Why science fiction?

I write mostly Science Fiction and Fantasy, and more science fiction than fantasy.  So why these genres in particular?

I started as an inveterate reader of SF.  That all got its start back when I was first reading.  In first Grade the reading material was boring.  Boring.  Boring.  Boring.  One half of the class was reading about this stupid “Dick” and his stupid sister “Jane” (my mother had taught me to read at home and I was reading the Childcraft encyclopedias for entertainment).  The other half of the room was reading an equally insipid book about “Tom”.

Sometime about this time I was introduced to a picture book about a trip to the moon that appeared to be based on von Braun’s old Colliers series.  That got me started.  About the same time I remember watching coverage of several Apollo missions on TV.

A couple years later we moved and I changed schools and in the classroom library had a bunch of the “Tom Swift, Jr.” books.  This was the first Science Fiction I read that I knew as Science Fiction.  The next year I got introduced to others, including Heinlein.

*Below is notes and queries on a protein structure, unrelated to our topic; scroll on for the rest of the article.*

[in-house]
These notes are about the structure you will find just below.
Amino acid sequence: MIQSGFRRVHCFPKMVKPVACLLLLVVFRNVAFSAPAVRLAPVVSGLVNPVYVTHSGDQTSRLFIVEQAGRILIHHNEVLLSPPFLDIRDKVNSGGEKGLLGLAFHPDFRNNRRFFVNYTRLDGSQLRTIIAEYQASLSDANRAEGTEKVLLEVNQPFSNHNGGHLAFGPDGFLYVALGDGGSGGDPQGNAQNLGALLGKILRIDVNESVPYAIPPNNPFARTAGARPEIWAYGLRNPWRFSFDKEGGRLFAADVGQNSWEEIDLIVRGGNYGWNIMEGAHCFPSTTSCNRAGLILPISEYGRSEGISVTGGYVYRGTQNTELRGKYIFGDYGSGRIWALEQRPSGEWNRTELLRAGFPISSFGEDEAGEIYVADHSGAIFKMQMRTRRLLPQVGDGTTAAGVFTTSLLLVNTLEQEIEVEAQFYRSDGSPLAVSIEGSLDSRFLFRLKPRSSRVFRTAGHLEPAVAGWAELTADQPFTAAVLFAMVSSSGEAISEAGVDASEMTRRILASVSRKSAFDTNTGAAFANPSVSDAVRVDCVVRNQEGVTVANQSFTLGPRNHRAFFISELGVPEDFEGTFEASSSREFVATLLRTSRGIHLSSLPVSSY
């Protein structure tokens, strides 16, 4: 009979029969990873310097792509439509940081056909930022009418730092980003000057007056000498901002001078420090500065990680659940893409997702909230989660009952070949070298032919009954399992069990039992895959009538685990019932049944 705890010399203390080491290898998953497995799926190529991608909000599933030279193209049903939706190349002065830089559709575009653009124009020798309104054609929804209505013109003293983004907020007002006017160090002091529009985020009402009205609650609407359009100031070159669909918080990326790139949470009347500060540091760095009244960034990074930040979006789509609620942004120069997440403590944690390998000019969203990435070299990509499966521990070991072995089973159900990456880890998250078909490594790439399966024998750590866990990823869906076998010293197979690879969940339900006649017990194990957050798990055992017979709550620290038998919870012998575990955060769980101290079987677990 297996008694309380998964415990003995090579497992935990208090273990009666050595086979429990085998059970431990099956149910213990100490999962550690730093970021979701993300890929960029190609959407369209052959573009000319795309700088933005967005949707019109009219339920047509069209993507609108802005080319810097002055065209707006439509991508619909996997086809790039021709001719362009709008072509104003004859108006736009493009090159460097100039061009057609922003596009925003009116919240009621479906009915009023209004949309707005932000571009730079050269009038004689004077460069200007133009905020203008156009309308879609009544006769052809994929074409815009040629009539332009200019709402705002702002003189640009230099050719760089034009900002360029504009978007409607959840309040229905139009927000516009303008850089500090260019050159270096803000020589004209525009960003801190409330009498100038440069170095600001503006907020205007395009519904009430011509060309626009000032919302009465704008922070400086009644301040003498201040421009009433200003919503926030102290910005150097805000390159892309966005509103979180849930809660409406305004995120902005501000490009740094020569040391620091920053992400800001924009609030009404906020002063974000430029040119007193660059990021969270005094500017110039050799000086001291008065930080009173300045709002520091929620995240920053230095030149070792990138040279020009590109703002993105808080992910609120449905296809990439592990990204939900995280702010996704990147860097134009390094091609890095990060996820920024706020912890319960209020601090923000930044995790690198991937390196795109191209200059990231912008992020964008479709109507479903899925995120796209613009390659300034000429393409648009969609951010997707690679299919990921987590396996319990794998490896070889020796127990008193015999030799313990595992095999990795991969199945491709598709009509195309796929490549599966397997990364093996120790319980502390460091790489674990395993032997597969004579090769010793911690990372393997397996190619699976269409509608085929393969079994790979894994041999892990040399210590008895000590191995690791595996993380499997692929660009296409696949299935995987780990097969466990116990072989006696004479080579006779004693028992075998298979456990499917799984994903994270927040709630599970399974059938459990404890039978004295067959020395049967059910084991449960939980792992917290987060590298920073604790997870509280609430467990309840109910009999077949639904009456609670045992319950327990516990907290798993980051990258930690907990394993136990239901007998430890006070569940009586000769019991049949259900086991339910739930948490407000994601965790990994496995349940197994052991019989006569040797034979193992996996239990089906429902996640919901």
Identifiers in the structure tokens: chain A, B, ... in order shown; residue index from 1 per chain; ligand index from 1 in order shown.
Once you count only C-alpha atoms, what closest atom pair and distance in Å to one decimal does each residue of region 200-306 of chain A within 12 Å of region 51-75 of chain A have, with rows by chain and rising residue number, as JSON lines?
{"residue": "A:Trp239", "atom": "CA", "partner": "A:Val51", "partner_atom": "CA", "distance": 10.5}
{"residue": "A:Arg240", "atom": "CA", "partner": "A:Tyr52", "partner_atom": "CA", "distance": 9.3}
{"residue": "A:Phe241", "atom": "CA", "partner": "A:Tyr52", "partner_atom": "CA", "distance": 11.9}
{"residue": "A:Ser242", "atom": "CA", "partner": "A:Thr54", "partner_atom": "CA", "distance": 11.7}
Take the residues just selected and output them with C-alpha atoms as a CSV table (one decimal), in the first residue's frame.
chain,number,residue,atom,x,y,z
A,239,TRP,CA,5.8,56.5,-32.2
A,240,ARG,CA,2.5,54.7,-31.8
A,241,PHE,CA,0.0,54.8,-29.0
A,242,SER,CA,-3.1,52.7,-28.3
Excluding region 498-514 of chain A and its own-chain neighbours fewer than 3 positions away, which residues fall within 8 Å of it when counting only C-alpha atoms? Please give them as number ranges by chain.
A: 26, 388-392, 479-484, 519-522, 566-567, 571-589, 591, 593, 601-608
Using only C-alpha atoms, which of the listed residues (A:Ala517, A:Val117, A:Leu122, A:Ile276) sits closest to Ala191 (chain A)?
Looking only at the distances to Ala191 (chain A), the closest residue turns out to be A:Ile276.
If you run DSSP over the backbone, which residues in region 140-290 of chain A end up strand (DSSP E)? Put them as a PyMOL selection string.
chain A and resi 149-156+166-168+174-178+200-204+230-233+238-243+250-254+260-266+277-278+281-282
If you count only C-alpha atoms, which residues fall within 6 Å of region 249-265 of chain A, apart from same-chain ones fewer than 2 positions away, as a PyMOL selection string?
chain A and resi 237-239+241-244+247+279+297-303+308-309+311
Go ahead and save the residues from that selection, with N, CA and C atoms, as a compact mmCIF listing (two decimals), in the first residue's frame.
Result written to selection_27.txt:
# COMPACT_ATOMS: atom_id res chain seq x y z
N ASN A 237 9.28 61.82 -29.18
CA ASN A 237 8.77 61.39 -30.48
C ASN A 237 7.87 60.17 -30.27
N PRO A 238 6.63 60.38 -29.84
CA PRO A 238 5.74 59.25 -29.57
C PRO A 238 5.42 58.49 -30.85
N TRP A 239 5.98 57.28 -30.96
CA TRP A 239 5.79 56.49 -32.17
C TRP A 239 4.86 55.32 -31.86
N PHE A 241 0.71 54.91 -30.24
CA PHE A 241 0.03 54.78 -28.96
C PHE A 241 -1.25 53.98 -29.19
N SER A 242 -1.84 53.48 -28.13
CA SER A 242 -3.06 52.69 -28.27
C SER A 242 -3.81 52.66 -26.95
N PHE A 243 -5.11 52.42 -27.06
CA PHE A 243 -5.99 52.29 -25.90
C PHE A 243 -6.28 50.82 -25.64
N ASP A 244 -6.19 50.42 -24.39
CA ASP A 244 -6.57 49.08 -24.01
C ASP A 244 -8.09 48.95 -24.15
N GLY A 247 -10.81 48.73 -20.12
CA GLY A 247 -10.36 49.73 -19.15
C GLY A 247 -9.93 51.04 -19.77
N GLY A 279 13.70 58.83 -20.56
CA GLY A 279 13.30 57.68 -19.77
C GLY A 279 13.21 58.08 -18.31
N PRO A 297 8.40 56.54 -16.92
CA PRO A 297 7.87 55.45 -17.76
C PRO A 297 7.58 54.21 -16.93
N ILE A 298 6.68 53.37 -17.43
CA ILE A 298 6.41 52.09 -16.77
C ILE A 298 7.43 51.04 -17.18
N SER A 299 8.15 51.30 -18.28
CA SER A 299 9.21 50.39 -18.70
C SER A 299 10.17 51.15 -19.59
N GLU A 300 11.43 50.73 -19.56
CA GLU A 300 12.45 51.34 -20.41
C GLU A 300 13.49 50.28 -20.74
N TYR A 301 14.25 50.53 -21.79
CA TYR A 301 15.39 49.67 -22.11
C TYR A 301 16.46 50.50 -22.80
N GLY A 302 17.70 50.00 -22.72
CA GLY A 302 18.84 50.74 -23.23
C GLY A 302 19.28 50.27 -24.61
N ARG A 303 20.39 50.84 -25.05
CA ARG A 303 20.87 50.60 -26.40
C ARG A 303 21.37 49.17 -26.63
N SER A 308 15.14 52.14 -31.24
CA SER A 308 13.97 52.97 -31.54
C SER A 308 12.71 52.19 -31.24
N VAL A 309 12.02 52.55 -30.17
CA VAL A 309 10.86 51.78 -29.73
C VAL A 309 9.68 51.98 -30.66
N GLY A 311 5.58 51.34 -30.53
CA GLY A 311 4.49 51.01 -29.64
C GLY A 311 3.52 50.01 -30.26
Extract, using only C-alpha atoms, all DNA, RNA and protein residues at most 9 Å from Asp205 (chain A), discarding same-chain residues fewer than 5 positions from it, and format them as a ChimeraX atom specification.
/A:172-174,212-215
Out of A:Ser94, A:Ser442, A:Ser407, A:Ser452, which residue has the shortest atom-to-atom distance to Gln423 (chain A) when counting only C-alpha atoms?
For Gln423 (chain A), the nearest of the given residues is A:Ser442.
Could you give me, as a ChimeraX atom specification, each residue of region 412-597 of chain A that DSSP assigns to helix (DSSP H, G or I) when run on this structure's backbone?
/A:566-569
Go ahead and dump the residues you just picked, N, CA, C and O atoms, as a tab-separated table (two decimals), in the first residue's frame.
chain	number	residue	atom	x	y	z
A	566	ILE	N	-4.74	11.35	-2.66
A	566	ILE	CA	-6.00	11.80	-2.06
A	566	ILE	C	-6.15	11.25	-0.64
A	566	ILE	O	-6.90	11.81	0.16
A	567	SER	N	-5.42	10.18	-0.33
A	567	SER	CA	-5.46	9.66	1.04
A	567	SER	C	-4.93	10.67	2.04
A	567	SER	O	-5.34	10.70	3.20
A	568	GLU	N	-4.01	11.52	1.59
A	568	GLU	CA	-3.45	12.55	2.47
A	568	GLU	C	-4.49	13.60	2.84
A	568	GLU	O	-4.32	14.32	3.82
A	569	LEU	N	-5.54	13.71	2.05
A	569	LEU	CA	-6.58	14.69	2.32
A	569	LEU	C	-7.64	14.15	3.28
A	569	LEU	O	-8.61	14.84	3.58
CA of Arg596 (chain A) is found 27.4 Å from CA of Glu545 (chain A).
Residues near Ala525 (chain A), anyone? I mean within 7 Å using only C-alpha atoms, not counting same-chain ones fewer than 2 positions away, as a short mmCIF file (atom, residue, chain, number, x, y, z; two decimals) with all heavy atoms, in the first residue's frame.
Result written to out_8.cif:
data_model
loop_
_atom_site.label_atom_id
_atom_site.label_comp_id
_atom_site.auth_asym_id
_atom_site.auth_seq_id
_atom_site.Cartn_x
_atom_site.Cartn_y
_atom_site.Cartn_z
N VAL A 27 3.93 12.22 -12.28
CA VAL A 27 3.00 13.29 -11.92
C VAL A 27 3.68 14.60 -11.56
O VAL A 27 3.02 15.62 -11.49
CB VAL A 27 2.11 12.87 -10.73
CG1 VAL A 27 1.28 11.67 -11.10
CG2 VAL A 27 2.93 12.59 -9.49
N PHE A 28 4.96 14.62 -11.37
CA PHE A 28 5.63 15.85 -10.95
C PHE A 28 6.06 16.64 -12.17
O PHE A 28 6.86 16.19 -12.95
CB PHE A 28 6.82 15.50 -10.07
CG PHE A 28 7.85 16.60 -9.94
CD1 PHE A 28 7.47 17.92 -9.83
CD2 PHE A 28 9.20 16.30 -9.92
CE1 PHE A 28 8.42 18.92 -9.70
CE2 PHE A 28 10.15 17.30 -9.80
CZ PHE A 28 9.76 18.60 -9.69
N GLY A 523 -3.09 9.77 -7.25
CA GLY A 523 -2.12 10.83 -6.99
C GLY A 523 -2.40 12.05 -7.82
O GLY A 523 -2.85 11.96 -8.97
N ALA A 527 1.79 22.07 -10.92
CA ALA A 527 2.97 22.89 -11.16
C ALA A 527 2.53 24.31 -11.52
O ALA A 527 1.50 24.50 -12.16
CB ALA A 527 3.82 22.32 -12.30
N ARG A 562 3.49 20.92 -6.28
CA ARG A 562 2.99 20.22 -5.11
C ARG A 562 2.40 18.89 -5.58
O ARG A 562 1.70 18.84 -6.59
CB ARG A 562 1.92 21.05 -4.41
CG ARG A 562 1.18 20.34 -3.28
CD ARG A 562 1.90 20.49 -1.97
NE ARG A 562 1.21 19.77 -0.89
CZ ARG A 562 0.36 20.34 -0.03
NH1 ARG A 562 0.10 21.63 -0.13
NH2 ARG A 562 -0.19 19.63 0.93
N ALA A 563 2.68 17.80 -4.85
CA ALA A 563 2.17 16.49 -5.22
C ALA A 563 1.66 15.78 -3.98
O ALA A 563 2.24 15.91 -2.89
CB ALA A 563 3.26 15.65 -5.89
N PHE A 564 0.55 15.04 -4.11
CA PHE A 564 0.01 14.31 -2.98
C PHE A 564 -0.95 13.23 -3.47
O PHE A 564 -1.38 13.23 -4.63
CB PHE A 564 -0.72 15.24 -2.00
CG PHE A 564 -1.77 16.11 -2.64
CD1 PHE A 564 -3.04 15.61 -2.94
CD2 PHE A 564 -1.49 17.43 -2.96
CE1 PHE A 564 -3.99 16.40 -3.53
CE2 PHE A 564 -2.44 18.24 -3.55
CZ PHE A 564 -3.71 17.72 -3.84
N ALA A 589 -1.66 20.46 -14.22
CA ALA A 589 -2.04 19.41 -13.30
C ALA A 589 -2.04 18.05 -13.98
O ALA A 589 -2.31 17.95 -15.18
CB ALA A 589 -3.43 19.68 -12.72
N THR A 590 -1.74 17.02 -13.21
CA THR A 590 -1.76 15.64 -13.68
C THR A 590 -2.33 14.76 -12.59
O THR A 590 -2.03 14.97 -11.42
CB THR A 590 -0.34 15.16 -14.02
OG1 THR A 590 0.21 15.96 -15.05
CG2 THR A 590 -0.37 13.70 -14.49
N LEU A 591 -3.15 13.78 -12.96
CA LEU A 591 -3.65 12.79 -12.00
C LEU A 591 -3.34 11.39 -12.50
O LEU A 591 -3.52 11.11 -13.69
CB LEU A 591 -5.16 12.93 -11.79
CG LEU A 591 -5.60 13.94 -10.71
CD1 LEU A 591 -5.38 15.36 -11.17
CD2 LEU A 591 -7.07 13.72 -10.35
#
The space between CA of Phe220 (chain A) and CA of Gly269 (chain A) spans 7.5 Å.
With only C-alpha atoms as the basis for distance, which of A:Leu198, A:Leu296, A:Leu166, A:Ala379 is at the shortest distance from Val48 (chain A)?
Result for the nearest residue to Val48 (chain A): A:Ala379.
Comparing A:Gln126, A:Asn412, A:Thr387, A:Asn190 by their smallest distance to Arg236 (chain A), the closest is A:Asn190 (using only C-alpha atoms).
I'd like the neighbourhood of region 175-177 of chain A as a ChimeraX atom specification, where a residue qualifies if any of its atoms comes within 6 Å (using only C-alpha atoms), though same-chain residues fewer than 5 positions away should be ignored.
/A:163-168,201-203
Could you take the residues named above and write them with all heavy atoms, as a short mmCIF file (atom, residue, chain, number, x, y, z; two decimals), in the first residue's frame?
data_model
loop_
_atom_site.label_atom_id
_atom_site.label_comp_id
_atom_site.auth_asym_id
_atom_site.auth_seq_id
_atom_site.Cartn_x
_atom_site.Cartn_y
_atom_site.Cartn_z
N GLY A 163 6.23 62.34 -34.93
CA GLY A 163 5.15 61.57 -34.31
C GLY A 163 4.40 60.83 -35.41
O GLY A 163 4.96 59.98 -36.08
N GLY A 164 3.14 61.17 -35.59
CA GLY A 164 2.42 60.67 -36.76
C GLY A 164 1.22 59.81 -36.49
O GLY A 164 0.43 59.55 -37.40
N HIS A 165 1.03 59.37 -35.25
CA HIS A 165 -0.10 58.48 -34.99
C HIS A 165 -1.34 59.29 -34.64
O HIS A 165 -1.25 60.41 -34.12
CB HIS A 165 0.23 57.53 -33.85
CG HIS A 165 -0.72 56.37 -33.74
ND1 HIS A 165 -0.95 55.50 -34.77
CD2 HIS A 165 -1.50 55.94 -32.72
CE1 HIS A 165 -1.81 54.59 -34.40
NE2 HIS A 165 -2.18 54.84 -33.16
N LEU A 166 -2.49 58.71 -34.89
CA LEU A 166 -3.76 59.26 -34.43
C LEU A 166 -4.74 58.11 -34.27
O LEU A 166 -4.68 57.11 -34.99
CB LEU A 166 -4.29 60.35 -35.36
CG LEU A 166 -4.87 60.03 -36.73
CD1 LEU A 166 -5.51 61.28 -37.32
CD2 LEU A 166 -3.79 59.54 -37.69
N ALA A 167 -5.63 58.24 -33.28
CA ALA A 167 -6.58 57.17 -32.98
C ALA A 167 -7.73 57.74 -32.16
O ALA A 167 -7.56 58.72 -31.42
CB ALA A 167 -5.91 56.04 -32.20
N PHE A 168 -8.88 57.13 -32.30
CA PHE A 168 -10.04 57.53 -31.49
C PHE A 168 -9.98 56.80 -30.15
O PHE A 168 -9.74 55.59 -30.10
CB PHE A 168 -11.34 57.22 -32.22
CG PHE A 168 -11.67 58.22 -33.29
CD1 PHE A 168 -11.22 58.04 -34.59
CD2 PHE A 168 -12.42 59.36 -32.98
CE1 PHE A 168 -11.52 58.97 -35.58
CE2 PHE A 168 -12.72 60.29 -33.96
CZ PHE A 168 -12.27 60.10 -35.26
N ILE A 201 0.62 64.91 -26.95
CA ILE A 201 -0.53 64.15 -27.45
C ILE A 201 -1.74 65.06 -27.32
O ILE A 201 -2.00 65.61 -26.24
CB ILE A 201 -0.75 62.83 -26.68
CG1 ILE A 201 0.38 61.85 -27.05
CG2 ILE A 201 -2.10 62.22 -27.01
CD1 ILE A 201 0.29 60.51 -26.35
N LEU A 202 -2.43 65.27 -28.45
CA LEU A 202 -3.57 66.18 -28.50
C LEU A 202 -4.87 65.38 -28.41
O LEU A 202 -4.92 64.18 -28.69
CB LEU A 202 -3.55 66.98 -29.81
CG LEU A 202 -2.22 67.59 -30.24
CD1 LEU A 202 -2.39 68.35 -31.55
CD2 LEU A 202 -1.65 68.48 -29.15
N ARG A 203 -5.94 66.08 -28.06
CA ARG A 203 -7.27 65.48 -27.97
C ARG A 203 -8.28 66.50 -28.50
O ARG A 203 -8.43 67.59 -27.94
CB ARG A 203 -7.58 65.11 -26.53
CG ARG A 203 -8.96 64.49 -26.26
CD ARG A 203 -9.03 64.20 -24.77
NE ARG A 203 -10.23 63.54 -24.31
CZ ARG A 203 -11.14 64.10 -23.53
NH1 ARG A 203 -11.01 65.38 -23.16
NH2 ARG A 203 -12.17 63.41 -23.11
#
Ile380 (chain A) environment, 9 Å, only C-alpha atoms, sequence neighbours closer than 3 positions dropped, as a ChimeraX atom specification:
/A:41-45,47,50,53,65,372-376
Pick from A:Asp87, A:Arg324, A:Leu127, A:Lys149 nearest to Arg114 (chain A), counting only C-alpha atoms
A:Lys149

All of this stuff ignited in me a burning desire to go into space.  I wanted to go into orbit, walk on the moon, see the moons of Mars pass overhead from the Martian deserts.  And the way to get there was to become an astronaut.  But in Fifth grade I started noticing a difficulty seeing the chalkboards at school.  This got worse and worse until in 7th grade I finally got glasses.  Given the standards of the time, where only military (or ex military) test pilots could become astronauts and that to be a military pilot (let alone a test pilot) one had to have perfect vision, that put paid to that idea.

And so Science Fiction filled the whole of the dream that could never come true.  I could never go, but I could at least read about it.  From that point on SF totally dominated my reading.  Some years later I started branching out a bit and developing more “rounded” tastes but it remains SF that I come back to when I read for fun.